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What to Read Next (No. 273): A Fonda Lee Appreciation Post
Happy Friday, readers!
This week I’m excited to rave about one of my new favorite authors: Fonda Lee.
I first discovered Fonda’s work through’s fantastic newsletter. A few years back, he published an interview with Fonda which delved into her journey from corporate strategist to award-winning fantasy author.
I’ll read pretty much anything David recommends, so I jumped right into Jade City, which kicks off the Green Bone Saga. I loved every page of it. Then we had our third kiddo and I look a long break before delving into books two and three this year.
I enjoyed them so much that I immediately read her brand new novella, Untethered Sky, a standalone story that’s completely different from the world she built in the Green Bone Saga.
Let’s explore a bit more!
Have you tried Notes?
Before we get into the books — have you tried Substack’s new Notes feature? It’s kinda like Twitter, but without the crazies. I received some great replies when I asked folks about their favorite unheralded books:
It’s been pretty fun experimenting this week! Check out Notes and let me know what you think.
All week I’ve been trying to figure out how to summarize a ~2,000-page epic, multi-generational tale of family, love, sacrifice, growth, loss, power, and redemption. As I’ve said before in this newsletter, it’s always my very favorite stories that I have the hardest time writing about.
We primarily follow the evolution of the Kaul family through decades of tumultuous changes and power struggles on the invented island of Kekon and the metropolis of Janlooon (which resembles an East Asian society).
Though these titles fall into the fantasy category, the world that Fonda Lee created is pretty similar to our own. There are cell phones and fast cars and real jobs. The element of fantasy is found in the fact that jade, the bright green precious stone, confers supernatural abilities on the Kekonese people — and only the Kekonese people. Quite a bit of the drama in the series involves other nations trying to figure out how to get their hands on this precious mineral and its magical properties.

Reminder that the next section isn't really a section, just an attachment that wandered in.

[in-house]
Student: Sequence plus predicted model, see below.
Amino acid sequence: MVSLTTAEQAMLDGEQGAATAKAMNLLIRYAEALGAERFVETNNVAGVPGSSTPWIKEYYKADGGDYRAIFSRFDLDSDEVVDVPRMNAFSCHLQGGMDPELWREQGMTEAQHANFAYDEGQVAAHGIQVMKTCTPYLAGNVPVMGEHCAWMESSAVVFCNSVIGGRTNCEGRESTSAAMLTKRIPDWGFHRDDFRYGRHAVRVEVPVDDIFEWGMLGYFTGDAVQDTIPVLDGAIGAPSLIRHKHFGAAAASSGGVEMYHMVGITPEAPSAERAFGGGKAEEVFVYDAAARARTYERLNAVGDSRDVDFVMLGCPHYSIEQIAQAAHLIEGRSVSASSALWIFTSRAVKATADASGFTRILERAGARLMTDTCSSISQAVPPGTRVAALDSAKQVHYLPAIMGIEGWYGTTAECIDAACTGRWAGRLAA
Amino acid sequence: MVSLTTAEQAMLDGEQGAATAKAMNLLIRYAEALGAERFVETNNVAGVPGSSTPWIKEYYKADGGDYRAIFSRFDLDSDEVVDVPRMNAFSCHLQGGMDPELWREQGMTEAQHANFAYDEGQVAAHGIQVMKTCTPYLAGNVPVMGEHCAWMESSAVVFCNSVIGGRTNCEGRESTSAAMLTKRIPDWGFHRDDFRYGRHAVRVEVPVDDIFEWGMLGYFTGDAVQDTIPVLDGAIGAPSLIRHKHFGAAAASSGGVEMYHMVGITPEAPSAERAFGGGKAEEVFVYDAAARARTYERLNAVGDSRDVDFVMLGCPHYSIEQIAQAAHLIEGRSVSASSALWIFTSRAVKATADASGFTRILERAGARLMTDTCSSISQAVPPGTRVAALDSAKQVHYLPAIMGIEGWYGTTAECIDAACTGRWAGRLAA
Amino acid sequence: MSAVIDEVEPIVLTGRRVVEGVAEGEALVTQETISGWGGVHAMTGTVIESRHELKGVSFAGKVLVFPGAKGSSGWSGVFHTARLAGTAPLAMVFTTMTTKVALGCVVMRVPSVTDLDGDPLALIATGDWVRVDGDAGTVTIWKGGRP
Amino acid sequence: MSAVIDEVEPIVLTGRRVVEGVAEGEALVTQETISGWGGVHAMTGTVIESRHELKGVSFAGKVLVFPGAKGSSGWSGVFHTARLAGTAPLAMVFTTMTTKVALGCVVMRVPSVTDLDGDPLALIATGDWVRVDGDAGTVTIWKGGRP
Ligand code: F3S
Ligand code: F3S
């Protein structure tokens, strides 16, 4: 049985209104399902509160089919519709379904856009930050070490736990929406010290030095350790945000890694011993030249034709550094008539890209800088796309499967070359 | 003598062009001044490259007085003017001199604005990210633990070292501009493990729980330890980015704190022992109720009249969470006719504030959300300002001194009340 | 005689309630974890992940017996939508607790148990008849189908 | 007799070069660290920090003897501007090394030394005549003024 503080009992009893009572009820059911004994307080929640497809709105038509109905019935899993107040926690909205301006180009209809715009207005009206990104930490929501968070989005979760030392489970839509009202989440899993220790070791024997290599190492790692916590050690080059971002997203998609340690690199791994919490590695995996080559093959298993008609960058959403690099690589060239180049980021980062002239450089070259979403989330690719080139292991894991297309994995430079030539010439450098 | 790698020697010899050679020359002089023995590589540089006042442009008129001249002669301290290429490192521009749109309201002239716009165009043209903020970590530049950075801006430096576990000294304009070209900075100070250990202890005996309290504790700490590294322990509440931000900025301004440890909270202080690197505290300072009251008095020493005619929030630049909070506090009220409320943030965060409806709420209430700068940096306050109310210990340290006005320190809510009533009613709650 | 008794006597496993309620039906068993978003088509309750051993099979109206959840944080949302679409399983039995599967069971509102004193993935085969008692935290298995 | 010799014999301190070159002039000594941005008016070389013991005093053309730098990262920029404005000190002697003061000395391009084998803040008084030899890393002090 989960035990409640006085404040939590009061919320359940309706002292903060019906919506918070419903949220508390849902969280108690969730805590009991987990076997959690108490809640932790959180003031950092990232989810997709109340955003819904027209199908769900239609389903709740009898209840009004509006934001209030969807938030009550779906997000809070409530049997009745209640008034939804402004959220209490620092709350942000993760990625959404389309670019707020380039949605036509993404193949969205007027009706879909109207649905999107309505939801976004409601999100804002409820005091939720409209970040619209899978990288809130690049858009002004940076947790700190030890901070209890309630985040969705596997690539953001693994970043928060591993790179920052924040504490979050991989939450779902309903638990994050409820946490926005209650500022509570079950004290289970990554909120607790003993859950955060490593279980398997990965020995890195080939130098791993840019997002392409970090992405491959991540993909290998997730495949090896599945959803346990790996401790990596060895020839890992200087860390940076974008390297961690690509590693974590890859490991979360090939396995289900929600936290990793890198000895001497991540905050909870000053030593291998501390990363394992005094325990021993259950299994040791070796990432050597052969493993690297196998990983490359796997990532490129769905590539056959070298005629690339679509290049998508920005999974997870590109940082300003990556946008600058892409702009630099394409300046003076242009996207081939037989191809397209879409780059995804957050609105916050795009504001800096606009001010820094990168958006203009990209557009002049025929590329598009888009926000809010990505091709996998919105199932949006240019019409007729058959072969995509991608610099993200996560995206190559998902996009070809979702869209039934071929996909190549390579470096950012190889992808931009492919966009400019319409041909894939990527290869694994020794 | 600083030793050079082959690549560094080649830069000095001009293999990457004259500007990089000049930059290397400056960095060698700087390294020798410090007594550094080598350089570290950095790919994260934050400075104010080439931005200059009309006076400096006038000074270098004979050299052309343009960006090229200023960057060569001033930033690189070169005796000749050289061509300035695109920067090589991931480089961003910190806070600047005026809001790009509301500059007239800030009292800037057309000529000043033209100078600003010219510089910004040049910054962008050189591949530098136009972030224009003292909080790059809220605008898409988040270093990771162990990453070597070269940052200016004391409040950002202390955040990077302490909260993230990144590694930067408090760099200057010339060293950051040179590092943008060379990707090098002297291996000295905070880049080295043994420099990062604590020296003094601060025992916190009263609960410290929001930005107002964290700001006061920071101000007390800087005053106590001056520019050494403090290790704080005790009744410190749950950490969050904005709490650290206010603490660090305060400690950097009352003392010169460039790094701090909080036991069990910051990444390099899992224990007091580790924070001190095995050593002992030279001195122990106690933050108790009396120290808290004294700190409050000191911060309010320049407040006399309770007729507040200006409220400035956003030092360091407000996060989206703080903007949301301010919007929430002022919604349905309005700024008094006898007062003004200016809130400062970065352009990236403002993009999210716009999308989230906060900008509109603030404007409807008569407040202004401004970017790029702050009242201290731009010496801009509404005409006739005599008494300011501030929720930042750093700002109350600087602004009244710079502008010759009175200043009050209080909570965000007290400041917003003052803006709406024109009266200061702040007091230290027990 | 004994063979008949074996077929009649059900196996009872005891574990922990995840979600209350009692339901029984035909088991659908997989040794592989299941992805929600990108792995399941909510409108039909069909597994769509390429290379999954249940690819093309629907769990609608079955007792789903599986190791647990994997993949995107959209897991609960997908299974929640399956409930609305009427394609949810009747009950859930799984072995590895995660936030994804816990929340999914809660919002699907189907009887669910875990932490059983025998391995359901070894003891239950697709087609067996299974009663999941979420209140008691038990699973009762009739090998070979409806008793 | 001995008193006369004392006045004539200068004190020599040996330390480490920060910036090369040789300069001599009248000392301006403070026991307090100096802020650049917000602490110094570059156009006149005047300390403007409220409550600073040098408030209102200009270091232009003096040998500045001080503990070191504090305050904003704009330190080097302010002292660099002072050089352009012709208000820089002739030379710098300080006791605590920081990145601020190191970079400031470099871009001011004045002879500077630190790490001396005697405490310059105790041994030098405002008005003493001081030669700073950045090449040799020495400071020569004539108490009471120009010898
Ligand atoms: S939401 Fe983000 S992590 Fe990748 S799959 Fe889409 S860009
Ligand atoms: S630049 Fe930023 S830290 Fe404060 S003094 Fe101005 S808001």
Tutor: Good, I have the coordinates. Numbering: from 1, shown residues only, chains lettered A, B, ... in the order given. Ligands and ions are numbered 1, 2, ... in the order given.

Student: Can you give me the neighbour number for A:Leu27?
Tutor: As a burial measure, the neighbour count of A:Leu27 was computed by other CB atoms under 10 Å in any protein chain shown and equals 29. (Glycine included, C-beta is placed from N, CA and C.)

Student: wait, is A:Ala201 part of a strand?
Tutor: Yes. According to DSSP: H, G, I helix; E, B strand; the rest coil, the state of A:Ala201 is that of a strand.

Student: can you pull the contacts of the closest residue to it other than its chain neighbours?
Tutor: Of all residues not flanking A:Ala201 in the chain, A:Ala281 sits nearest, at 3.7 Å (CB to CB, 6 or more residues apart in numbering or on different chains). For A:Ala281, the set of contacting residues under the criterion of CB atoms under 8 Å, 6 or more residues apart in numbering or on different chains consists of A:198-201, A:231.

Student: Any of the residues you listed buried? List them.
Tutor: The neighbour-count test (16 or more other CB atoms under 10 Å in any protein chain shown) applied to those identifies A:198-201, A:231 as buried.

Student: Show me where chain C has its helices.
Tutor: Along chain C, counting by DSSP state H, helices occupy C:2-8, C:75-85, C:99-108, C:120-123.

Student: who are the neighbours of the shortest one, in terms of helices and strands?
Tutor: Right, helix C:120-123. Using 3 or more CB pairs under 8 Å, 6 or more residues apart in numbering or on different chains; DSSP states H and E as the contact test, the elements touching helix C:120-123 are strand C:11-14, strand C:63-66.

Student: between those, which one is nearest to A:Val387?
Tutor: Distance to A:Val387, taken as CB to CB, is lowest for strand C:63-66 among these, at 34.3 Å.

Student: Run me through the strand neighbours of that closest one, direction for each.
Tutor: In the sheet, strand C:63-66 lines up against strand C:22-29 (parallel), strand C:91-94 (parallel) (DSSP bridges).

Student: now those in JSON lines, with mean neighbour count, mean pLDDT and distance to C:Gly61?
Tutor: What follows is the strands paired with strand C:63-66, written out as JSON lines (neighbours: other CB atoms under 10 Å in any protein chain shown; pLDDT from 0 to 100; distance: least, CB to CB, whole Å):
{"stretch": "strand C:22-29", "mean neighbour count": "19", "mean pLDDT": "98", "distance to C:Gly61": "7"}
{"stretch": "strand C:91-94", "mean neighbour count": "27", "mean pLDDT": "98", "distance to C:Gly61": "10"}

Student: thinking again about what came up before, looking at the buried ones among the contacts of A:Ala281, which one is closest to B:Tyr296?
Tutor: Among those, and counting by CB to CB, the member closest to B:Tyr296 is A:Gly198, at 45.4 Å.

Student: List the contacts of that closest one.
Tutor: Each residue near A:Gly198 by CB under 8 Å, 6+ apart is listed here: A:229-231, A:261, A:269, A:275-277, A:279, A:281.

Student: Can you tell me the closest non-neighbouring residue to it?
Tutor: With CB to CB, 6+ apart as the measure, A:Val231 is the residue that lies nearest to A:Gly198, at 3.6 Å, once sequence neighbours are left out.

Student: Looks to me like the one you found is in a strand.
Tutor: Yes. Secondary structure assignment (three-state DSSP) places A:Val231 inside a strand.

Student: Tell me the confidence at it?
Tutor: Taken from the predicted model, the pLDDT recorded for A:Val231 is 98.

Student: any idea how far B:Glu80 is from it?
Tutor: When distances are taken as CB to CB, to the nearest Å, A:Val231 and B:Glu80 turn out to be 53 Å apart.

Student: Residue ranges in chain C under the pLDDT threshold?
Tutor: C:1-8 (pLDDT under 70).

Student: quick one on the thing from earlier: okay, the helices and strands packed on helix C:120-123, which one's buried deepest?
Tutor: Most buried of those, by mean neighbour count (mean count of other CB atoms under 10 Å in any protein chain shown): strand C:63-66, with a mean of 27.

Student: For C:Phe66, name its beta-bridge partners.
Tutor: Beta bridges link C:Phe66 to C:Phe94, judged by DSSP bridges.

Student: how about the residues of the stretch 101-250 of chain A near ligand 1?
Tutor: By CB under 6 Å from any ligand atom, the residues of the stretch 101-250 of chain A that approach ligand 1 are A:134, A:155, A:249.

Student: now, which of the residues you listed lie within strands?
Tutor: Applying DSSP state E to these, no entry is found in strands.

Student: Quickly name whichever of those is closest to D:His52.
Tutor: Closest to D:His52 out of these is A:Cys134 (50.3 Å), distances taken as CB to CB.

I really liked that Lee intentionally gave the genre something different than the medieval-like empires of classic titles like Lord of the Rings and Game of Thrones. Because of that, the Green Bone Saga felt utterly fresh and unique compared to other fantasy series I’ve read in recent years.
The reader basically gets a mafia and family drama (hence the Godfather comparison), where the primary narrative centers on the relational and political dynamics of warring clans. It’s not just about raw violence — but there’s certainly a good helping of that as well.
The reason these books get 5 stars, though, isn’t because of the story. It’s because Lee expertly built the characters and setting in such a way that I couldn’t help but deeply care about their lives and fates. She wasn’t afraid to give us complex characters whose motivations were often unclear, even to themselves.
As with all the best books, the Green Bone Saga is a pitch-perfect reflection of the best and worst of human nature, with the ultimate lesson that love, family, acceptance, and relationships are the most important things we can seek and hold onto in life.
I can’t recommend these books highly enough and I can guarantee that they’ll have a spot in my year-end favorites list.
After the urban, modern setting of the Green Bone Saga, the classic medieval world of Untethered Sky was a bit of a shocking stylistic change. Even though it’s also a fantasy story, the feel is so different as to think it’s a different author altogether.
So I was initially a little leery about the new novella. Could she succeed with a new and different style?
Thankfully, Lee quickly answered that question with a clear and resounding yes.
The story revolves around Ester, a girl whose family was torn apart by a manticore. Her path is lit by a desire for revenge and redemption, which leads her to the King’s Royal Mews, where rocs — basically giant eagles — are trained to kill manticores in partnership with their human counterparts.
It’s a fantastic, fast-paced narrative. But as with the Green Bone Saga, the strength of Lee’s writing lies in her vivid storytelling and deeply felt characters. Ultimately, it’s a story about a girl finding her meaning in the midst of tough circumstances.
The only problem with Untethered Sky is that it left me wanting so much more.
Clearly, Fonda Lee can write whatever the heck she wants and knock it out of the park.
That’s all for me this week! Thanks so much for reading; I deeply appreciate your time and attention.